Guest Post: Linguistic Gymnastics of Nisioisin in his Monogatari series.
Posted September 3, 2016on:
My other half is a huge fan of the Monogatari series. He enjoys the anime series, and the Kizumonogatari (Wound Tale) novel. A series of light novels that were turned into anime series, this paranormal story is told non-chronologically to enthralling effect. You can watch or read the stories in the order in which they were written, or in their chronological order, for a completely different experience. What’s unusual about this series is that the characters actually come out and say exactly what they are thinking – which is rather unusual for your typical character be they in a Japanese story or an American story. How would our lives be, if people said what they were thinking?
Take it away, other half!
from Serdar Yegulalp’s review of Kizumonogatari (Wound Tale)
“Such was my experience with Kizumonogatari (“Wound Tale”), now in English courtesy of Vertical, Inc. It is ostensibly the story of a young man made into the thrall of a centuries-old vampire, and tasked with returning her severed limbs as payment for being restored to humanity. I say “ostensibly” because while that’s more or less what happens, it’s not what the story is about. The real subject of the story is Nisioisin’s way with words, and how much you enjoy this book — or any of his books — will be directly proportional to how much you savor watching an author make his sentences do handstands and jump through hoops.”
I did not particularly agree with the review though, I find many people see Araragi as a boy obsessed with boobs and panties and Hanekawa as just a generic damsel in distress. This is both incorrect and short sighted. Westerners seem to both love and hate sexuality; we watch simulated sex all night on Game of Thrones or True Blood and then go to work and complain about how anime is only for weeaboos because it has panties. Sigh.
Araragi ‘says’ internally what many/most teen and not so teen males think but saying the truth is not popular with the American crowd. Araragi is also deeply separated socially from everyone around him and is somewhat suicidal; not so much because he wants to die but because he cannot see the point of living. Hanekawa Tsubasa is a girl who is intelligent, well mannered and attractive but is also filled anger and violence at times, often towards herself, and who also would like to break out of being a good little Japanese school girl.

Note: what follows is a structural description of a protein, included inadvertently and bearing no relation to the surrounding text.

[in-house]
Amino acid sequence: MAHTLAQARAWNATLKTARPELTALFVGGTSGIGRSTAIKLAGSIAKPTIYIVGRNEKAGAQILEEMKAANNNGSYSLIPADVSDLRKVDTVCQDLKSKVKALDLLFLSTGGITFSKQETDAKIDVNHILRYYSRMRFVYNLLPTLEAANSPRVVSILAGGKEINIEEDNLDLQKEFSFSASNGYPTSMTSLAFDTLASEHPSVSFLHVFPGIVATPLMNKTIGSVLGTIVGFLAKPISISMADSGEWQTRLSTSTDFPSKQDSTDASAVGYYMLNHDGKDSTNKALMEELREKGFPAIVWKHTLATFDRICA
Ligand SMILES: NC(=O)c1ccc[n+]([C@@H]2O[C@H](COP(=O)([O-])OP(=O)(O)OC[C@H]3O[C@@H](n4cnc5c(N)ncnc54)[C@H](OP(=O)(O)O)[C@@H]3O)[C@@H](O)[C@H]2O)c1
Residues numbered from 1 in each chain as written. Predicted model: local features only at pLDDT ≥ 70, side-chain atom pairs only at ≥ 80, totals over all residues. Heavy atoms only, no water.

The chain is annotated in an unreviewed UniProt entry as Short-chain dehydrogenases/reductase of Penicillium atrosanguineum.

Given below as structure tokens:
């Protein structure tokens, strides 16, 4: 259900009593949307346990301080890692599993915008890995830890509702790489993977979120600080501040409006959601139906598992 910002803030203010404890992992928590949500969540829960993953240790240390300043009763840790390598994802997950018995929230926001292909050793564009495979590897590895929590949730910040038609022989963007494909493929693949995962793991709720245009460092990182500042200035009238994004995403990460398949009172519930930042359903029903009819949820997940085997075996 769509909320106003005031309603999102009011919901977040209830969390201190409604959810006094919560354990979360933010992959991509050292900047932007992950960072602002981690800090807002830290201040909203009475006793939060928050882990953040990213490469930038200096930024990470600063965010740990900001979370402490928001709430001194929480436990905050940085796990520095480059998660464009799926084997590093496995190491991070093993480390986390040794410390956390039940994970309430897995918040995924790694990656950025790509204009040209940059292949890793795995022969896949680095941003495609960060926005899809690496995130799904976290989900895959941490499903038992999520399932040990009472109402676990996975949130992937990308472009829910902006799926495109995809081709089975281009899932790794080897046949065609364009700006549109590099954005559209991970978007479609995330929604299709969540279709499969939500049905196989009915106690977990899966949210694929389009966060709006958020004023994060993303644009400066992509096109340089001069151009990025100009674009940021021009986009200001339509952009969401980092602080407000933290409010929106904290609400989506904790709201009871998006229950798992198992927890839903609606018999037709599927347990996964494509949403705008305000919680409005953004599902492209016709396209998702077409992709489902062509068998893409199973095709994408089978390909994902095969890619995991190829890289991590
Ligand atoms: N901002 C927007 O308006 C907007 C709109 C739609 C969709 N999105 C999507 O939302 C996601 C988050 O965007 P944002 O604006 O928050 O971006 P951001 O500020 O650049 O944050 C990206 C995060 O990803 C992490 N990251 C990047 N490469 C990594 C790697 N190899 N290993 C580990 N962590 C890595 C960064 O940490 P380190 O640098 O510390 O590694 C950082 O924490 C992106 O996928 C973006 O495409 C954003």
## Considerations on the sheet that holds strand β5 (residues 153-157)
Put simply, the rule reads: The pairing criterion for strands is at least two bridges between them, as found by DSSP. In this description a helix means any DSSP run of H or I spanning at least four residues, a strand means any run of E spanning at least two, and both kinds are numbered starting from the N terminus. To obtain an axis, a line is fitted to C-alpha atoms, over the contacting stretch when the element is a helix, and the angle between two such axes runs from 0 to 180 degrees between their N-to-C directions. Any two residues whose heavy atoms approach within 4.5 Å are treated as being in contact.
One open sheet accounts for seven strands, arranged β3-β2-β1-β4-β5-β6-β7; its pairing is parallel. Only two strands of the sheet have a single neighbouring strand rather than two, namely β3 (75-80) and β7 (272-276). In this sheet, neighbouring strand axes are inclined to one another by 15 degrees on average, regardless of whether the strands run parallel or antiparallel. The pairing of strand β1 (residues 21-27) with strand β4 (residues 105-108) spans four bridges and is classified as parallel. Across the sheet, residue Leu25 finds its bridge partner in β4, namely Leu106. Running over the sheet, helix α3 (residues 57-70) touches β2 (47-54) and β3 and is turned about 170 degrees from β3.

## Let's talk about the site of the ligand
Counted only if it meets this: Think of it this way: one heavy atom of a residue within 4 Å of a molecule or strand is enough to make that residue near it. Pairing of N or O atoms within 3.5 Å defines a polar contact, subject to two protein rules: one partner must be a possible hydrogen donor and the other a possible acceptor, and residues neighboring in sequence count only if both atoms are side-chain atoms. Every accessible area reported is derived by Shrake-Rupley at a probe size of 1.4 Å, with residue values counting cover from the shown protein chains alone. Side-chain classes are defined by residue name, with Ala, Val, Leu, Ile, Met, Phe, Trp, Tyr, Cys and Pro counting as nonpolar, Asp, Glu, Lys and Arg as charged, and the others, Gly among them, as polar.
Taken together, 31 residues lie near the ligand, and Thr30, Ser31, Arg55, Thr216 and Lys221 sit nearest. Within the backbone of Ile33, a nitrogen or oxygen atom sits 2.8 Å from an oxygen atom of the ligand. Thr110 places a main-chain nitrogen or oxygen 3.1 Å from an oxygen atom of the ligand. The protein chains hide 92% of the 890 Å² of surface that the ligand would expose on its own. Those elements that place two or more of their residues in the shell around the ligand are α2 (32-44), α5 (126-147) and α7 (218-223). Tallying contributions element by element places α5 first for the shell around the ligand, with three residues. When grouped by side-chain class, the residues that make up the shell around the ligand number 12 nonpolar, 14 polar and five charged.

Hanekawa, after she comes to terms with her anger and violence, and her absorption of a demonic portion of herself that she created, does not go to college as the smartest girl in school, she does not become a wife and mother like a Japanese girl should, she does not go to work in a professional job in a city because she is an adult now and has to leave these high school fantasies behind, she instead travels the world attempting to find Oshino Meme.
Hanekawa is, perhaps, my favorite female character of Monogatari and not because she is the bustiest on the show, although as someone who is not afraid of the truth, I did not mind her chest, but because her demons seemed both the most real and the most relatable. She fights for a year not a day against herself and does not come out unscarred.
Calling Hanekawa a damsel in distress is just ridiculous, she does get helped and saved by Araragi on occasion but she also helps and saves him and the price she pays to help him is far higher than any price he pays.
Araragi is a teenage boy and, horror!, he likes girls. One of the things I like about Araragi is how he will use his known lecherousness to help people. In Japan touching is quite rare, particularly between sexes, so when Hanekawa is injured on her face by her step-father and tells Araragi she will do anything if he doesn’t tell others about this he runs with the offer.
See, as a part Vampire his blood can heal others wounds, but he can’t just ask to touch her. And bleed on her. So he soliloquies about all of the different things he could do to her/with her etc, each more dirty than the last, than he says he has decided and she asks with trepidation what he has decided on and he says he wants to lick her face.
She is then healed and maybe he would have never been able to do this without his nature. He often over emphasizes his ecchi nature to hide his feelings and to allow him freedom of action he would otherwise not have.
I do wonder if Hanekawa realized what Araragi was doing in that scene.
But, yes linguistic gymnastics is the order of the day when you read Nisioisin.
Also, the reviewer complained anout Kiss-Shot AcerolaOrion Heart-Under-Blade as a name. He took it straight. Nisioisin spends a good part of his career lampooning other authors including manga/light novel authors for their ridiculous English or French names they throw around. He one-upped them in ridiculous.